This is much more than you typically provide in a private placement memorandum to accredited investors.
According to Matt Bower at Varnum, disclosure to non accredited investors can easily exceed $50,000. That’s a high price considering how little you are likely to raise from them.
You won’t raise much money
Compared to an unlimited number of accredited investors, each with a net worth over $1 million and annual income in excess of $200,000, the amount you’re likely to raise from 35 or fewer non accredited investors who don’t meet these requirements is likely to be small.
They’ll put high demands on your time and energy
To an accredited investor, an investment of $30,000 may be no big deal. To someone with considerably less money than an accredited investor, $30,000 could represent a substantial percentage of their total assets.
In that case, they’re much more likely to get in your face, demanding to know how your company is performing, and when they’ll get a return on their investment. While $30,000 is a drop in the bucket when you’re raising a $10 million round, the amount of attention your non accredited investor eats up is not.
Crowdfunding and accredited investors
The 2012 JOBS allowed non accredited investors, for the first time since the Great Depression, to buy shares in early stage companies. It did this by introducing equity crowdfunding.
Equity crowdfunding lets companies sell equity to many small investors. This opens up access to many investors who wouldn’t otherwise qualify, but it comes with a few catches.
Requirements for equity crowdfunding
- Size of offering. You cannot raise more than $5 million over a 12 month period.
- Investor requirements. While investors do not need to be accredited, they must meet some net worth requirements.
- Resale. Crowdfunding equity cannot be sold by the buyer until one year has passed since purchase.
- Eligibility. You cannot use equity crowdfunding if you are not a US company, if you file reports under the Securities Exchange Act of 1934, or if you fall within certain categories of investment companies.
- Online portals. You must make the offering through an online broker or crowdfunding platform registered with the SEC and monitored by the Financial Industry Regulatory Authority.
- Disclosure. You’ll have to fulfill some pretty extensive disclosure requirements: Filing a Form C, which includes extensive info about your company and your offering, including risk factors and an analysis of your financial performance. You’ll have to make additional information filings after you reach 50% and then 100% of your fundraising target.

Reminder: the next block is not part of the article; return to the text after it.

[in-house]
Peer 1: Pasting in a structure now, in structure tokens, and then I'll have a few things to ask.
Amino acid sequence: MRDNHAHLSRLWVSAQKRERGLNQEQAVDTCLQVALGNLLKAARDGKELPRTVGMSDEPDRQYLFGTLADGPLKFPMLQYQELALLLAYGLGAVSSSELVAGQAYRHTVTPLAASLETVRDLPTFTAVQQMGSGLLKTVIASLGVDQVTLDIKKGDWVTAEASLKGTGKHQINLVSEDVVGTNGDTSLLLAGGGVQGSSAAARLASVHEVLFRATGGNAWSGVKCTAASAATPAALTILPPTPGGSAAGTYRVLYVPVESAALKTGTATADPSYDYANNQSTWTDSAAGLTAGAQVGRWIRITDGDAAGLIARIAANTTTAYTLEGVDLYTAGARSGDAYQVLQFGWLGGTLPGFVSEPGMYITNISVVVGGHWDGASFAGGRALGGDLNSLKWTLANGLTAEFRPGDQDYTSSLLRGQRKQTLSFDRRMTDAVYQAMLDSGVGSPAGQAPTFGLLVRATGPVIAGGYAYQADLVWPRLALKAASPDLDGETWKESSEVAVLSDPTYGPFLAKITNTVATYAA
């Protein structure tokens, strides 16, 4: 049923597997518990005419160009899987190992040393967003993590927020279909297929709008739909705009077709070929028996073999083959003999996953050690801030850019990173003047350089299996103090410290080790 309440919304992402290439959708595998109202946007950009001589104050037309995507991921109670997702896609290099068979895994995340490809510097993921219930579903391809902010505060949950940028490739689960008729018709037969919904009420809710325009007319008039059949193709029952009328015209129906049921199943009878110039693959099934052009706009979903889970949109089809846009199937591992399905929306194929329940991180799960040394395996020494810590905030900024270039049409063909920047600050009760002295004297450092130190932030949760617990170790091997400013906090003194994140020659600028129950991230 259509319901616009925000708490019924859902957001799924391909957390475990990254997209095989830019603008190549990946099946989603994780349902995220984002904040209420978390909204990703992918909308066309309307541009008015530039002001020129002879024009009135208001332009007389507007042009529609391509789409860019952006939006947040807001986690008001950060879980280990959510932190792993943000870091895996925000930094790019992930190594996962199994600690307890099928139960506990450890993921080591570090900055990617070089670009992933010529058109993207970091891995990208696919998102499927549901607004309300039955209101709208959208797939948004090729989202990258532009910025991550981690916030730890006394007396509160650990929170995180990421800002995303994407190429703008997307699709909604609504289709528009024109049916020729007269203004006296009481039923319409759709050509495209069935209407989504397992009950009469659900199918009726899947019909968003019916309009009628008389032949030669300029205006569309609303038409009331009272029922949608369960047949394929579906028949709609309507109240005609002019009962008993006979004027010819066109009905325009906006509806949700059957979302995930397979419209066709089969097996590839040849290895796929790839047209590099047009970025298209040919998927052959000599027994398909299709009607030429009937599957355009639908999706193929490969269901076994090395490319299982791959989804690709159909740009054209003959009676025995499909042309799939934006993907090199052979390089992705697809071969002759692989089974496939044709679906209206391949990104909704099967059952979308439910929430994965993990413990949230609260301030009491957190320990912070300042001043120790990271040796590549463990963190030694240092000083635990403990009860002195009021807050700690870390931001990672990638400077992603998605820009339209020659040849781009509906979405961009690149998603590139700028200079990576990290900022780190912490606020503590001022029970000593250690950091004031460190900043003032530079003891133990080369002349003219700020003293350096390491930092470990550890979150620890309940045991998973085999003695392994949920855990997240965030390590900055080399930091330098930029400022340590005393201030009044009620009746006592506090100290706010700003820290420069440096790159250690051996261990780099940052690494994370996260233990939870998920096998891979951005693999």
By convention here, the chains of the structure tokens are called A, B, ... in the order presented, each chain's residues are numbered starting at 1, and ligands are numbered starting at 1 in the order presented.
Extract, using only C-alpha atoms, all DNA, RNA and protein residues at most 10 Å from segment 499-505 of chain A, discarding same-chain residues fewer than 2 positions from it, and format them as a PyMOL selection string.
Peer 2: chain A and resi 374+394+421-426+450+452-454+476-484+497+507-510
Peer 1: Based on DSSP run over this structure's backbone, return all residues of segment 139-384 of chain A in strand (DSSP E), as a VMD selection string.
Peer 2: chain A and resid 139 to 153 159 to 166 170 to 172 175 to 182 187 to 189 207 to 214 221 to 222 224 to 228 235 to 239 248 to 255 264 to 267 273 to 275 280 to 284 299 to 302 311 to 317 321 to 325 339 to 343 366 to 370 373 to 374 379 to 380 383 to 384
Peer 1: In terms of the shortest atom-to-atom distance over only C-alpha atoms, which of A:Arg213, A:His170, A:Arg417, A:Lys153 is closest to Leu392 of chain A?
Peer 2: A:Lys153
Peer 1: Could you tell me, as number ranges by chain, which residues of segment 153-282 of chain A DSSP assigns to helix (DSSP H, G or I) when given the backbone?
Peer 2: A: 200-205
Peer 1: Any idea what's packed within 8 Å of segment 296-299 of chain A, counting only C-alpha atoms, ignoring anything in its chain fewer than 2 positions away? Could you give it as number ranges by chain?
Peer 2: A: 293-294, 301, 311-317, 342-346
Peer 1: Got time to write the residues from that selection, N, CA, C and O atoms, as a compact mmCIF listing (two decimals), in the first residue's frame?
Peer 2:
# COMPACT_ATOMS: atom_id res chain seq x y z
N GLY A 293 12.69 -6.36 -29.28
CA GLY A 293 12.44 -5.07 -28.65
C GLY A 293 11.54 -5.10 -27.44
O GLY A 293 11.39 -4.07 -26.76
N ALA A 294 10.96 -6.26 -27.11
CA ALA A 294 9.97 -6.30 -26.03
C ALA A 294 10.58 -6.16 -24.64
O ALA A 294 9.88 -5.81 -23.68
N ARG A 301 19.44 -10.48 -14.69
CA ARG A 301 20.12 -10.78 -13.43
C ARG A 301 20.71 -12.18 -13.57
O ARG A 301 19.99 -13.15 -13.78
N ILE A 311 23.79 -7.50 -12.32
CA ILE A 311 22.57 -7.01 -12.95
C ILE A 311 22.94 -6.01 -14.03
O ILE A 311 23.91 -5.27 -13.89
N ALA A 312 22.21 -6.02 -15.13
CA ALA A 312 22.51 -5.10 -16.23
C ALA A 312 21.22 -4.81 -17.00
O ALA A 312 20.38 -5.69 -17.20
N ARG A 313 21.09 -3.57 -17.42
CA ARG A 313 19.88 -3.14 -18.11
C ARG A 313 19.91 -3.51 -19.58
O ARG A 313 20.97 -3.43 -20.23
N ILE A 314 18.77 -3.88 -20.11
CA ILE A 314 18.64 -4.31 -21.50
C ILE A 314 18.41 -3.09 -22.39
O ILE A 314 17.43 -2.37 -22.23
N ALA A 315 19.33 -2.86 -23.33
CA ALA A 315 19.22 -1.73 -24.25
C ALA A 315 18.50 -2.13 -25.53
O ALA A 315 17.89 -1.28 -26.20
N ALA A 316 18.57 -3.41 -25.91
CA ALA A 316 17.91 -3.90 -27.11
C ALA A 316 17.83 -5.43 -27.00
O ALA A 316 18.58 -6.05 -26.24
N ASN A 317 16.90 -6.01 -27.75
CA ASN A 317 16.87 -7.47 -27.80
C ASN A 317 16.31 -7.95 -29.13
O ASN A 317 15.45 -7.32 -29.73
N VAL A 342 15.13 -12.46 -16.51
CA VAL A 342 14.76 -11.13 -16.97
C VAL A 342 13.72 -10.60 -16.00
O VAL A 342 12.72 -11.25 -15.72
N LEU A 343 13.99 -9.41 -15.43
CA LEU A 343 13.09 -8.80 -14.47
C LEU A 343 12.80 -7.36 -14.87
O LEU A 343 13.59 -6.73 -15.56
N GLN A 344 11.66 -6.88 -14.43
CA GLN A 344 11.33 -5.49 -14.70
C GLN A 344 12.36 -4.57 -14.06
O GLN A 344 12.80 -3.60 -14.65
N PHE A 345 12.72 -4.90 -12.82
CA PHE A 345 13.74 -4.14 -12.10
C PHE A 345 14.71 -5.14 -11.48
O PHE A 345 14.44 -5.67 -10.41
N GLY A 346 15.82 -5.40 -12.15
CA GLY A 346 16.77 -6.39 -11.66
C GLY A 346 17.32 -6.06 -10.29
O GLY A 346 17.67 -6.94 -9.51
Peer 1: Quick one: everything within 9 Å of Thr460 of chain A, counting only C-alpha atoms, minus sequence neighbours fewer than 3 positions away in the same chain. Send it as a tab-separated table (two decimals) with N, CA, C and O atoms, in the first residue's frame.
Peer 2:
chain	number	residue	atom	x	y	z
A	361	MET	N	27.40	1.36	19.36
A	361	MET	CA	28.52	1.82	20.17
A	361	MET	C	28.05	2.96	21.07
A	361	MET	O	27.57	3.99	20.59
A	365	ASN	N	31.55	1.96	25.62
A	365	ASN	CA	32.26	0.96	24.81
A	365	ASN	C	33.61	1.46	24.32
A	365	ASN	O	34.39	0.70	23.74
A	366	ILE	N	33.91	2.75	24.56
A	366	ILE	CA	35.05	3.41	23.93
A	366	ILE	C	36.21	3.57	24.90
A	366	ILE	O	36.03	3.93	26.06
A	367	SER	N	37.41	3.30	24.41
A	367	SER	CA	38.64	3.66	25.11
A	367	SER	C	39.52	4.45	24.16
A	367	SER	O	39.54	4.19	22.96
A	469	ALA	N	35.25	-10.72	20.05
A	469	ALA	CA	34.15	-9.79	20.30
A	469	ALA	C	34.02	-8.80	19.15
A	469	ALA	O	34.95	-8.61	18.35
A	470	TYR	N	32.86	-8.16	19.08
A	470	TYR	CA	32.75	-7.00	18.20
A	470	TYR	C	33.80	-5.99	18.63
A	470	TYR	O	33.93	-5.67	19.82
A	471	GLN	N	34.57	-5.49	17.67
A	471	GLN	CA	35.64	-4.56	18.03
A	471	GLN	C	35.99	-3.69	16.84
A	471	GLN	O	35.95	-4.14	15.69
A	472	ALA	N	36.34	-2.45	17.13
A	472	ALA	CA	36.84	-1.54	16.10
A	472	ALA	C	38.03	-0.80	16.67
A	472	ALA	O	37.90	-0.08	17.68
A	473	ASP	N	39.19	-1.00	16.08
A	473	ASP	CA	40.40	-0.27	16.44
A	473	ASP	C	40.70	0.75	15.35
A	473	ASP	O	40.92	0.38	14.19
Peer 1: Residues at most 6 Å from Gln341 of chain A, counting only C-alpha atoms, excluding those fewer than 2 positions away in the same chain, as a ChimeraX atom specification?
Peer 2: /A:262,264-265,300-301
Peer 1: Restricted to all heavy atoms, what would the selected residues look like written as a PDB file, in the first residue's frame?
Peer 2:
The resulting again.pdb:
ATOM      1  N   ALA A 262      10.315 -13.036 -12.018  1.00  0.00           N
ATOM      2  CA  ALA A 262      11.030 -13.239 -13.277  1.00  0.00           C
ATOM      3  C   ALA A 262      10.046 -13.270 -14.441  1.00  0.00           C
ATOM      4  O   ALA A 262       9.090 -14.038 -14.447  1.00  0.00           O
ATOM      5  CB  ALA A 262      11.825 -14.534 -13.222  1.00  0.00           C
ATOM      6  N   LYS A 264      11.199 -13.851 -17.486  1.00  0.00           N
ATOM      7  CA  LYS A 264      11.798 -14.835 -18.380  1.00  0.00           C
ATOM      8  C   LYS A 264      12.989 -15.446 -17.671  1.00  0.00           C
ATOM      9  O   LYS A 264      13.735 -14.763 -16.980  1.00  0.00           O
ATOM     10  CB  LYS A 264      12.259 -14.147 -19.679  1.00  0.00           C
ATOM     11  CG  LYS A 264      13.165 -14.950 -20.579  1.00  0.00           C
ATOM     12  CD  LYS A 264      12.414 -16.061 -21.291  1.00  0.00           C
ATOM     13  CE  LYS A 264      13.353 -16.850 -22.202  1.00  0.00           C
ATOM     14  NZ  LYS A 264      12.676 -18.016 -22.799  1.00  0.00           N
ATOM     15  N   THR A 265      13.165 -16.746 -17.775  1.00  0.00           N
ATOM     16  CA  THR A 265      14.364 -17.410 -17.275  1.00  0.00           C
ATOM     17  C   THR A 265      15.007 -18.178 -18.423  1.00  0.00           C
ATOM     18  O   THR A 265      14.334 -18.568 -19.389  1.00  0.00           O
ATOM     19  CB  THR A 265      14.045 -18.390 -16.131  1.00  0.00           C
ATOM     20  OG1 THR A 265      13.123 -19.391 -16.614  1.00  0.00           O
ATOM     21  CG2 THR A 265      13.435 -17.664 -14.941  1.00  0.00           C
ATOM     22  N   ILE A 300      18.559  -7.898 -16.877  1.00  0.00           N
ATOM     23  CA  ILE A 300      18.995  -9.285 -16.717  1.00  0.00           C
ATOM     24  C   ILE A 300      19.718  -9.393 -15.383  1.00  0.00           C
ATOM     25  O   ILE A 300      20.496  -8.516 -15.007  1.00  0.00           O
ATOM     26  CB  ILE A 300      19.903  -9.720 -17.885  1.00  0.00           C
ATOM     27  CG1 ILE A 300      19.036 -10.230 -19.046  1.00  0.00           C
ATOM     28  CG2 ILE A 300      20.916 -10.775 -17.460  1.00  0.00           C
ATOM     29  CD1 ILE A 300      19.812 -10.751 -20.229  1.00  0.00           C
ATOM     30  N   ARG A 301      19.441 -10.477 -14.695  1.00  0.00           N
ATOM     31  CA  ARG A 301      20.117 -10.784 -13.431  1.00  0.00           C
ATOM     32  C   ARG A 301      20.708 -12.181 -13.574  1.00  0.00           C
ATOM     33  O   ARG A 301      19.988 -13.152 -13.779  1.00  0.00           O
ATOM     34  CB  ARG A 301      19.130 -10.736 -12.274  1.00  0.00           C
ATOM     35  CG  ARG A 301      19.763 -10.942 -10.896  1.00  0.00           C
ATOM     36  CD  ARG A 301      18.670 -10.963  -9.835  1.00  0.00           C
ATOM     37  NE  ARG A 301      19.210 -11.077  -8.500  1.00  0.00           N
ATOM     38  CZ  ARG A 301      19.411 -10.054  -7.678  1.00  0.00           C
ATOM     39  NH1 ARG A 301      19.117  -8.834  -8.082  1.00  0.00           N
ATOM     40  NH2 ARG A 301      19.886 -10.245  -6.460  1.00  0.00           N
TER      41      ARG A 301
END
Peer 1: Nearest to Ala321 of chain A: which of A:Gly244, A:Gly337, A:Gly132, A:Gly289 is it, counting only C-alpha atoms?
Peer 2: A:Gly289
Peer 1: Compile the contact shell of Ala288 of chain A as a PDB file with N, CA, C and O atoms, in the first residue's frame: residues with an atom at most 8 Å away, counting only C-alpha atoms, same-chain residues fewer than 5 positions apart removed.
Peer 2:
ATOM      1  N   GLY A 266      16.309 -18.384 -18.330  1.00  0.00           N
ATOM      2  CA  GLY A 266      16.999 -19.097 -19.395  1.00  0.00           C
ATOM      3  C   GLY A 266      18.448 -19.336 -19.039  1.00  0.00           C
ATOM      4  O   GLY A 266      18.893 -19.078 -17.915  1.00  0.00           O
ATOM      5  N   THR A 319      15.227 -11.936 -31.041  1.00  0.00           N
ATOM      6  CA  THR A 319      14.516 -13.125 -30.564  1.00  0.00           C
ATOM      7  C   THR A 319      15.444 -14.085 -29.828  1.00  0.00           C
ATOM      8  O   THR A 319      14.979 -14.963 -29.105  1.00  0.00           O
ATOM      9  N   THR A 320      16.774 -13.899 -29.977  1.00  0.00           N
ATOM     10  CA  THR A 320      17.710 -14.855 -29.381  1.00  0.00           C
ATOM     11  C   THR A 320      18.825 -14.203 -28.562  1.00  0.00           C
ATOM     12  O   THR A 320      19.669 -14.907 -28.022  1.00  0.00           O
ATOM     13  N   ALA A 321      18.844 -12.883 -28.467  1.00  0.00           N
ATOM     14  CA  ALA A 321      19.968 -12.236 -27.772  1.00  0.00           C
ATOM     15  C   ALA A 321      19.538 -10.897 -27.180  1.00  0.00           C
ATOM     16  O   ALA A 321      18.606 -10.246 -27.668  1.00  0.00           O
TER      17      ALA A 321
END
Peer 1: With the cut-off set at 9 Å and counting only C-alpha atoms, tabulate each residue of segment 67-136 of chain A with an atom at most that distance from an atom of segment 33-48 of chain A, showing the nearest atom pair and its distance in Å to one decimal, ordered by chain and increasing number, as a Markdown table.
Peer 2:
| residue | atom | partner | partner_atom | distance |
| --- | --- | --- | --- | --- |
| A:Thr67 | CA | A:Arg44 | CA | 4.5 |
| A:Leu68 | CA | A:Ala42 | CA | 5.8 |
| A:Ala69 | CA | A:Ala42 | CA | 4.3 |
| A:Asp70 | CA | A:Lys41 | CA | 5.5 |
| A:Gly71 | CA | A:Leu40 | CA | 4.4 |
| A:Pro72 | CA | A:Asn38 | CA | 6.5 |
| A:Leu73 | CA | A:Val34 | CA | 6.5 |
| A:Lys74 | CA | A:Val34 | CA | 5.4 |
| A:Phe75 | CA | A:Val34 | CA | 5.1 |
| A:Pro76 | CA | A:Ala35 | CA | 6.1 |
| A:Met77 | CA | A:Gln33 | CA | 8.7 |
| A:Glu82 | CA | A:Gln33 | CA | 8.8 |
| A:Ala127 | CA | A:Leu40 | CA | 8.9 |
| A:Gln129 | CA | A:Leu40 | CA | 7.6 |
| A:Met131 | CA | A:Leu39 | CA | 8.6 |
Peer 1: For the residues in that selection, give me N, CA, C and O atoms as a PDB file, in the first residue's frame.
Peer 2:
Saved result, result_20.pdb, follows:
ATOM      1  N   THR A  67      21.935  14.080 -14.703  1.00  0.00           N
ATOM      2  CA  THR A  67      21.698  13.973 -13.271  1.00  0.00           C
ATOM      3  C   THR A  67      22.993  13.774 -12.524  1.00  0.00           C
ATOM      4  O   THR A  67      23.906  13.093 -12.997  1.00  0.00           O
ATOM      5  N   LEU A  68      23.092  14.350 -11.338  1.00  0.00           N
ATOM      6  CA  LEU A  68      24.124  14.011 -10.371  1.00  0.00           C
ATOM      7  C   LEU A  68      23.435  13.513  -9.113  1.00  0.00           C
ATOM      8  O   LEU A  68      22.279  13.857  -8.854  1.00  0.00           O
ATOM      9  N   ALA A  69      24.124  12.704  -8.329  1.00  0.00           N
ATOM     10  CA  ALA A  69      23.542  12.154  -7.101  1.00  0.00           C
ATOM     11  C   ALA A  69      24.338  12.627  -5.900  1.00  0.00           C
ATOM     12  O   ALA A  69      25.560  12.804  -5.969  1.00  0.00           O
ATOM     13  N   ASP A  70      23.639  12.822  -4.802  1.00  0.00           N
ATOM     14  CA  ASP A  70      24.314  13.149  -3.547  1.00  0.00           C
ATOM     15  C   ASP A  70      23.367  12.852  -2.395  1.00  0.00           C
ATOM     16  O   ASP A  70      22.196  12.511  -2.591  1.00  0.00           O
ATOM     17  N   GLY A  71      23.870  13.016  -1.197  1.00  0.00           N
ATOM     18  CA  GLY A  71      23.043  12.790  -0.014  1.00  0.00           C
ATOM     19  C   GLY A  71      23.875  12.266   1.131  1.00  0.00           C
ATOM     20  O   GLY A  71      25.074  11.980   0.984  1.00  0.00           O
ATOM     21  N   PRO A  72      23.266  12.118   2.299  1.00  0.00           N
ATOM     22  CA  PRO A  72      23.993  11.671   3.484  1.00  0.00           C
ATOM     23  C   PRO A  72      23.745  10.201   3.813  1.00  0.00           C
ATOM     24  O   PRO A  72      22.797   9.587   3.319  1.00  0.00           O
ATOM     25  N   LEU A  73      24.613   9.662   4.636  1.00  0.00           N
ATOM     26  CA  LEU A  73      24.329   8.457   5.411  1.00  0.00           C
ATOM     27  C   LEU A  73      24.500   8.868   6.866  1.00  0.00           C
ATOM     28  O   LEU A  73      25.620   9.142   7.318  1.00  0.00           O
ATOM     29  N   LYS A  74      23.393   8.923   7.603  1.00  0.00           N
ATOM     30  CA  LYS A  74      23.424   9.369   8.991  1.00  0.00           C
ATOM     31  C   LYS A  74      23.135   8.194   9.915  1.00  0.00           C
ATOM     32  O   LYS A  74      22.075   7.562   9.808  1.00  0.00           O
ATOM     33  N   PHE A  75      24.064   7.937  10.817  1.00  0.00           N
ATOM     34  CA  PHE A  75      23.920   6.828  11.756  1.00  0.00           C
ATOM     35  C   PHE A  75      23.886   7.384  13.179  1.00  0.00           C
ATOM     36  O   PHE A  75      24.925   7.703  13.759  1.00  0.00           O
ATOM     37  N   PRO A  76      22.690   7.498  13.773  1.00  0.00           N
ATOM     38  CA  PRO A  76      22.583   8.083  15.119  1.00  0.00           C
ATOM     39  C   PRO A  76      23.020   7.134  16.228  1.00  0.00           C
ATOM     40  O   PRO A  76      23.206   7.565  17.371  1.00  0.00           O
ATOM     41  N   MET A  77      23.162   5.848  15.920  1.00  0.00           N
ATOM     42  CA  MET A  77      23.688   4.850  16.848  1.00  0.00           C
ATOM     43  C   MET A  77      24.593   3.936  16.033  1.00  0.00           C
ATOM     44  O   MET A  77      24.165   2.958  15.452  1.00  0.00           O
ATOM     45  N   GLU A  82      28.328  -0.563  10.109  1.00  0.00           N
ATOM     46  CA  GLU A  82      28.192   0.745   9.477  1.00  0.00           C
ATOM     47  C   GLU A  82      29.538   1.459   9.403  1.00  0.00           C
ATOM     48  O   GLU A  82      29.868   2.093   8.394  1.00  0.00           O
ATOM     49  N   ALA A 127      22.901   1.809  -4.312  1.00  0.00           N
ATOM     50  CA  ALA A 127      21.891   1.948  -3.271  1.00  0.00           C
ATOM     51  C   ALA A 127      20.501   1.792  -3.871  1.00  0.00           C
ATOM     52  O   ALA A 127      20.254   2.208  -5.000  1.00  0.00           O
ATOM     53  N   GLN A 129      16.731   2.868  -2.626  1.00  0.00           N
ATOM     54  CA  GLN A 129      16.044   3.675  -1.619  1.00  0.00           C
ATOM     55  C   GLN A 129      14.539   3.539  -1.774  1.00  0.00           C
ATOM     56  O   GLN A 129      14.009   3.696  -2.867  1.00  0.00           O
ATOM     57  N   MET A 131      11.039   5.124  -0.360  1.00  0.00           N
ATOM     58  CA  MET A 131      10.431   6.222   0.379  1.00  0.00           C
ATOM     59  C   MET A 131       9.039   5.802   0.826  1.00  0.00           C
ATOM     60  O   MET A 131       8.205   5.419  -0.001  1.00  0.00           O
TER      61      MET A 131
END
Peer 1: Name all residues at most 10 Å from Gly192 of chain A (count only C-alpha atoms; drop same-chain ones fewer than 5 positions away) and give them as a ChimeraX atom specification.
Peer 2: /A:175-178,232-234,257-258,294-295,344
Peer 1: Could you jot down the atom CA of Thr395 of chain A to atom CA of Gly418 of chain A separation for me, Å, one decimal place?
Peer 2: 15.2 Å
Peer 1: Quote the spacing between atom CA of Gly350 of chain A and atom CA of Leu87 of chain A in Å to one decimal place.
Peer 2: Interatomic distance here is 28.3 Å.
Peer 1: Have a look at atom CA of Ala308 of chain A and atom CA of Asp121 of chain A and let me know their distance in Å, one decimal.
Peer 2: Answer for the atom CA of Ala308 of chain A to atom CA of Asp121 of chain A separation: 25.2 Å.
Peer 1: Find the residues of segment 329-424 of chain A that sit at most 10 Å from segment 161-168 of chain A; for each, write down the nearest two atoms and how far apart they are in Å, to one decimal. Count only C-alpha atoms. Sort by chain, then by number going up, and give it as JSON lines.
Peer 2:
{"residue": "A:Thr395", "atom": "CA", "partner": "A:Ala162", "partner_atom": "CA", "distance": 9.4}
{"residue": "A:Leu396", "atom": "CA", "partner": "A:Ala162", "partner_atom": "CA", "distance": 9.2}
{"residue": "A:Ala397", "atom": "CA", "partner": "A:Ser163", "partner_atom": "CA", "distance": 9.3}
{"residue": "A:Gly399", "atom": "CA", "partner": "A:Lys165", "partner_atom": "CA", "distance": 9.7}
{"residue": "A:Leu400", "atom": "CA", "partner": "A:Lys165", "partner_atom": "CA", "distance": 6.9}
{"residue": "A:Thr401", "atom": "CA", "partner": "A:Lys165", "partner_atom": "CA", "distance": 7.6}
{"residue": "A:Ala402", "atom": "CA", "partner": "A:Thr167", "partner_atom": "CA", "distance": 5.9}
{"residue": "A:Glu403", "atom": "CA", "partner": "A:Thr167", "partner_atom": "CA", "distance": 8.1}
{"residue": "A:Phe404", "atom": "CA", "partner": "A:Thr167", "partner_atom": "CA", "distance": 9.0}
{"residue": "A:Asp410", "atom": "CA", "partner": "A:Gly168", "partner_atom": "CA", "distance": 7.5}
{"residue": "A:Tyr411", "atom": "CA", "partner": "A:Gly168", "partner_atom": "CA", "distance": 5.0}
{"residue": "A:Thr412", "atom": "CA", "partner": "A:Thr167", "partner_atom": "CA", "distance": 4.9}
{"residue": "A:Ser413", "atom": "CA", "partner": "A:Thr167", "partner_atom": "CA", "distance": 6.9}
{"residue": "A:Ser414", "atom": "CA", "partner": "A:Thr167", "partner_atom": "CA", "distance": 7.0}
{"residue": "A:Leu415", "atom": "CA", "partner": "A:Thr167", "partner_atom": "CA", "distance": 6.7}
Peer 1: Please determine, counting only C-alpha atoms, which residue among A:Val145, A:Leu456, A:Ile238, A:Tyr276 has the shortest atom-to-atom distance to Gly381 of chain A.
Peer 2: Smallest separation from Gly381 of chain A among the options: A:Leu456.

Additionally, crowdfunding can compromise your privacy. Your company information is made available via online crowdfunding portals. That can draw unwanted attention when you’re trying to fly under the radar. Plus, if your round underperforms, it will become a matter of public knowledge, potentially damaging your reputation.
Whether you’re considering crowdfunding or planning to go the VC route, Capbase can help. Our partnership with Republic helps you find investors at every scale.
- Accredited investors have over $1 million net worth (not including their primary residence) or earn at least $200,000 a year
- Raising money from accredited investors lets you issue shares without registering, thanks to Regulation D Rule 506(b)
- It is much easier for startups to raise money from accredited investors than non-accredited investors
- Crowdfunding lets you bring on large numbers of non-accredited investors, while avoiding the hassles taking on non-accredited investors can create.
Capbase gives you everything you need to incorporate your startup, set up a board of advisors, and start looking for investors immediately. See how.
Written by James Hottensen
James joined Capbase after working at Great Oaks Venture Capital in New York where he worked on various fin-tech and consumer investments as an Associate, including Capbase and Golden. He previously worked at Tentrr, a Series A startup in New York, leading Strategy and Partnerships.